Antler­less hunt of­fers a head start to deer sea­son

The Saline Courier - - NEWS - Spe­cial to The Sa­line Courier

LIT­TLE ROCK — With the heat fi­nally break­ing and a few Arkansans even spot­ted in sweat­shirts, the itch to spend a quiet morn­ing in the woods is in full ef­fect. Hunters who can’t stand the wait un­til mod­ern gun sea­son opens have a great op­por­tu­nity to get out and get some meat in the freezer dur­ing Arkansas’s pri­vate land antler­less deer hunt, Oct. 12-16.

Only antler­less deer may be har­vested with a mod­ern gun dur­ing the hunt, and the hunt only takes place on pri­vate land. This in­cludes any land leased by hunt­ing clubs or in­di­vid­u­als from tim­ber com­pa­nies and other landown­ers.

Hunters in­ter­ested in hunt­ing for a buck may still bowhunt, but must wear hunter or­ange. The hunter must also choose be­fore hunt­ing whether they are bowhunt­ing or us­ing a mod­ern gun; only one hunt­ing de­vice may be car­ried dur­ing the hunt.

Brad Carner, chief of the AGFC’S wildlife man­age­ment divi­sion ex­plains that the tim­ing of the hunt is to en­able hunters to take a doe be­fore the rut is in full swing.

“Tra­di­tional doe days be­ing at the end of the sea­son of­ten left states short on their pre­ferred doe har­vest,” Carner said. “Many peo­ple would hunt for a buck all year, then only de­vote the last few days to does and would not see one on those days. Ear­lier in the sea­son, we see more par­tic­i­pa­tion from hunters who are look­ing to fill the freezer be­fore they go af­ter a buck.”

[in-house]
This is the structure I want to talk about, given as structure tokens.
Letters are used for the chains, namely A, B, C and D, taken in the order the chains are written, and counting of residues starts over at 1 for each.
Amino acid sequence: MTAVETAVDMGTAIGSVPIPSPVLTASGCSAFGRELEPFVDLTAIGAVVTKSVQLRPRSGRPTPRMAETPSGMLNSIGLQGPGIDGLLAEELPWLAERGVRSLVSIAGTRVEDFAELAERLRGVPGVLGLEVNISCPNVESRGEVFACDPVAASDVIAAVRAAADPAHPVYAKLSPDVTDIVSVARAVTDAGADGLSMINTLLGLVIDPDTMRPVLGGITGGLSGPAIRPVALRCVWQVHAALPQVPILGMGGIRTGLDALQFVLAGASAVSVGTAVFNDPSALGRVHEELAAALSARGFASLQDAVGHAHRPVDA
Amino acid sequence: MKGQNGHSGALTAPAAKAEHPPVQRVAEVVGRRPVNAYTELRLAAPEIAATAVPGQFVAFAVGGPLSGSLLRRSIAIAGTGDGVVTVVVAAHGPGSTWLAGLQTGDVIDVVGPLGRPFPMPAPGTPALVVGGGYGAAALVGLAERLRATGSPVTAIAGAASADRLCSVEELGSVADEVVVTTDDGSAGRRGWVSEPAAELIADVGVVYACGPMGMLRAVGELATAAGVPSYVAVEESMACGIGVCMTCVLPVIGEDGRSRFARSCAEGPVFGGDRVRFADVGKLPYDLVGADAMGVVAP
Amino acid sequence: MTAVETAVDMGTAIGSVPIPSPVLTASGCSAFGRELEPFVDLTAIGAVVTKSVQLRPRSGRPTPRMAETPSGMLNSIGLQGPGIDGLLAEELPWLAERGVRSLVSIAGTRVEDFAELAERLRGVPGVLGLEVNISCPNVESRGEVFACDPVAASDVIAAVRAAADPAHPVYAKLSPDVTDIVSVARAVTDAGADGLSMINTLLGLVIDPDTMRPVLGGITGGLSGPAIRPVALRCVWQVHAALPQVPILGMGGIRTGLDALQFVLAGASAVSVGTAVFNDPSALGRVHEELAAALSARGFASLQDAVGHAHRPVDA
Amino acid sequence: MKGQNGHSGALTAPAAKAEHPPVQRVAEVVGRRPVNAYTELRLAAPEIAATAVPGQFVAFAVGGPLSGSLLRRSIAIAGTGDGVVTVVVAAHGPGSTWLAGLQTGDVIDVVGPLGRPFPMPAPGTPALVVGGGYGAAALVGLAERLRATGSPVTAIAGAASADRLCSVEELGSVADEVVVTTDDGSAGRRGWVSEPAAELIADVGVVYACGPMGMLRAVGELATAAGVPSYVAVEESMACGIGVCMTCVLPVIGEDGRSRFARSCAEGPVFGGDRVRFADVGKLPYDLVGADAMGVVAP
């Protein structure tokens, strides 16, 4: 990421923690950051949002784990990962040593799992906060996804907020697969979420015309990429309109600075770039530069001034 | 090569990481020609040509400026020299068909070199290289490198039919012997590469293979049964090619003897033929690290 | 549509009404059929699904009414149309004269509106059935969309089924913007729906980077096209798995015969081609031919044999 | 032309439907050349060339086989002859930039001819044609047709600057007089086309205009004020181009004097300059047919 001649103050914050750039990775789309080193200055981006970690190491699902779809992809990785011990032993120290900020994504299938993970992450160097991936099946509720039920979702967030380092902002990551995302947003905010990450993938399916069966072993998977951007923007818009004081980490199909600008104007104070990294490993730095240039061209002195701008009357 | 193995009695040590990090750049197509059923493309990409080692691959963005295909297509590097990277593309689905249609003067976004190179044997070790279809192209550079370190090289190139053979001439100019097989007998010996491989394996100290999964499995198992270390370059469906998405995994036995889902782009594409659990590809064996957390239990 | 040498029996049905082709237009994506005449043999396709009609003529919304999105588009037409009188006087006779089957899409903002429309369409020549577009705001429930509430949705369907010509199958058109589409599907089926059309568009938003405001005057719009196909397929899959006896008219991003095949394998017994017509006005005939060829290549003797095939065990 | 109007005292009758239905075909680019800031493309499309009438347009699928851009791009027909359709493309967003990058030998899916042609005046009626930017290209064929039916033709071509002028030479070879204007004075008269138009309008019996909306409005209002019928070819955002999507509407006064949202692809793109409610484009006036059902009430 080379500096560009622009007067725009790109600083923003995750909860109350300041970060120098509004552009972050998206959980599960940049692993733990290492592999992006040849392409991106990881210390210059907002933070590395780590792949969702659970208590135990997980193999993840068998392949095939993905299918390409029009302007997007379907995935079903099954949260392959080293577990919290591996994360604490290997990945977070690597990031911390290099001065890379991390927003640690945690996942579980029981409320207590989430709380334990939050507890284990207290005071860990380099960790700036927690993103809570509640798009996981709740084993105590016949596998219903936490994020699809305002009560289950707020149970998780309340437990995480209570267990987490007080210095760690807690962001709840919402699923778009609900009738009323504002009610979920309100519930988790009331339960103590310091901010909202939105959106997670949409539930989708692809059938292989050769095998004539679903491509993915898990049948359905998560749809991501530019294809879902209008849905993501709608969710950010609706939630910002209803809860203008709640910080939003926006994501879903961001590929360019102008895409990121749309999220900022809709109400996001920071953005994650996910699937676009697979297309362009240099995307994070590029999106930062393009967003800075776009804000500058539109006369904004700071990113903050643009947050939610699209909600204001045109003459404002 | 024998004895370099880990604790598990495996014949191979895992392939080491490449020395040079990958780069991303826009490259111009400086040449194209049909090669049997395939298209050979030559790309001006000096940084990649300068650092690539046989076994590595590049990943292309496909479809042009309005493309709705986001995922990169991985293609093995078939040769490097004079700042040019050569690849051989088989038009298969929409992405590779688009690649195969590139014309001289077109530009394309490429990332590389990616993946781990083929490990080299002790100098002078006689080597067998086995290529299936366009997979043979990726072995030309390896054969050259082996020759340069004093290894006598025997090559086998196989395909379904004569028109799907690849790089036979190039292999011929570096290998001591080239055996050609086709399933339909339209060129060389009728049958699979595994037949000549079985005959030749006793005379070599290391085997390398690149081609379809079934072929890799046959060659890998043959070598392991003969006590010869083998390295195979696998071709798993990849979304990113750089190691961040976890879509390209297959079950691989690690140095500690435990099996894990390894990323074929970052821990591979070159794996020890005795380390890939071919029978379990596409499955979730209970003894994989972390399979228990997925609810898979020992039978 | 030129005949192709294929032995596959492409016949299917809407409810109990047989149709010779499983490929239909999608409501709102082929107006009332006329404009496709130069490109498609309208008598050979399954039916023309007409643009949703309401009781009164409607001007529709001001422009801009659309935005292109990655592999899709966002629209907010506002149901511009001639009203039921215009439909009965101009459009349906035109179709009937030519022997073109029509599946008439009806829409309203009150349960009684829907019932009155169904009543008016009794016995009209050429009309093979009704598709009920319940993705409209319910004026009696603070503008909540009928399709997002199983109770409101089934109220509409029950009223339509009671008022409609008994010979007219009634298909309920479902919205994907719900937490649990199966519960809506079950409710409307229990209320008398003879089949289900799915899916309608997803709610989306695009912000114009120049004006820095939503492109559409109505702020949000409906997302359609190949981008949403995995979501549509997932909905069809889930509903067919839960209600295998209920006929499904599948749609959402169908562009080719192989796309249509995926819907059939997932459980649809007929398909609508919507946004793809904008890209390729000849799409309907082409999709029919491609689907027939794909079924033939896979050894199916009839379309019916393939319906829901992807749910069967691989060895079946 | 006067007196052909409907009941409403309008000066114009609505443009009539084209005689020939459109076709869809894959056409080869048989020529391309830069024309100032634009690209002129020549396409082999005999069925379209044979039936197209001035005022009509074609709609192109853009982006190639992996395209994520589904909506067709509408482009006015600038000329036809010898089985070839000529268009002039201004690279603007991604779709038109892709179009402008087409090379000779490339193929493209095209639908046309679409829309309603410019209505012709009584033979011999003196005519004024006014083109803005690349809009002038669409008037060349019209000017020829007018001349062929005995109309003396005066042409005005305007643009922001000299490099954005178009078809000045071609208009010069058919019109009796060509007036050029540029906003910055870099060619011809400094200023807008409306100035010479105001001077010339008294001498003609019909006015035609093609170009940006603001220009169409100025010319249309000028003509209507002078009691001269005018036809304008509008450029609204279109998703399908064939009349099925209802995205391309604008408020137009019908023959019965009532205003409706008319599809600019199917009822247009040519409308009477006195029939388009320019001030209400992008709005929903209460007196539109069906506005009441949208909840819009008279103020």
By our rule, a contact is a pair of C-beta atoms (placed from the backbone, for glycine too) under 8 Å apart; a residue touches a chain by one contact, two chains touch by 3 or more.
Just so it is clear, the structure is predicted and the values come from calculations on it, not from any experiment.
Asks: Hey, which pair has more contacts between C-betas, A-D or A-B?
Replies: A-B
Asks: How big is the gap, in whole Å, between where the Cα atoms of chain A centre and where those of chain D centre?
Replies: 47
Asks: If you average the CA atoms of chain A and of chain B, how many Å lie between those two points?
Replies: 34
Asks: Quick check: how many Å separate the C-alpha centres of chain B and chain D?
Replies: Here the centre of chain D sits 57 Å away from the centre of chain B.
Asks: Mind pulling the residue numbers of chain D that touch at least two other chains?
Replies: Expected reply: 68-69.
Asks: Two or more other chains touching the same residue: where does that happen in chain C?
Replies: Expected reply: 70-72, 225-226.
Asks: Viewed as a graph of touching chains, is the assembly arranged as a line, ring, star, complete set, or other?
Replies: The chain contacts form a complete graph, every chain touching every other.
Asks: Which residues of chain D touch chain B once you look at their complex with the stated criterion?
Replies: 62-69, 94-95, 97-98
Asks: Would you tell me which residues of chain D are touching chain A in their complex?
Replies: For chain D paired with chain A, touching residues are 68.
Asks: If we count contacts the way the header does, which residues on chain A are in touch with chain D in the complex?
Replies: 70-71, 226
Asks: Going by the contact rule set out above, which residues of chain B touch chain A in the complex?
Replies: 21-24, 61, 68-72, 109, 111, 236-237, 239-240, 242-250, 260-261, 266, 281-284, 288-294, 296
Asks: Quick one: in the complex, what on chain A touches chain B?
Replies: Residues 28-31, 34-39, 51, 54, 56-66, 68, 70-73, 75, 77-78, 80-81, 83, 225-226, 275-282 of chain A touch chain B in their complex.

Hunters have had mixed feel­ings about the five-day hunt since it first was added to the sea­son a few years ago. Some hunters rooted in tra­di­tion still be­lieve the ad­di­tional har­vest of does can hurt the deer herd, but the deer herd has changed greatly since the days of “buck only” har­vest, and changes must be made to en­sure bal­ance.

In the 1940s through the 1970s, the fo­cus on deer con­ser­va­tion was to bring back the pop­u­la­tion from near ex­tinc­tion. By the 1980s, deer were plen­ti­ful and ad­just­ments were needed to bal­ance the herd with the habi­tat avail­able. A balanced har­vest is needed to main­tain the health of the herd, and in the last decade the har­vest has been fairly well balanced. Even with all the added op­por­tu­nity to har­vest does, Arkansas hunters rarely fail to har­vest more bucks than does. In fact, the 2015-16 deer hunt­ing sea­son is the only sea­son on record in which the doe har­vest was higher. Even in that year, it was ex­tremely close to be­ing an even bal­ance, with 108,118 does and 104,792 bucks checked by hunters.

With last year’s to­tal har­vest of 210,065, Carner is con­fi­dent that the deer herd has reached a healthy sus­tain­able level and cur­rent sea­son dates are bal­anc­ing things out well.

“We’ve had seven years in a row above the 200,000-deer mark, and the to­tal har­vest has not fluc­tu­ated widely from year to year,” Carner said. “This is a good in­di­ca­tion that the pop­u­la­tion is not ex­pe­ri­enc­ing rapid growth or rapid de­clines and that our har­vest strat­egy is work­ing well. It may al­ways need a small change or two to ad­just to trends in pop­u­la­tions and peo­ple, but for now it is cor­rect for the deer, the habi­tat and the hunters.”

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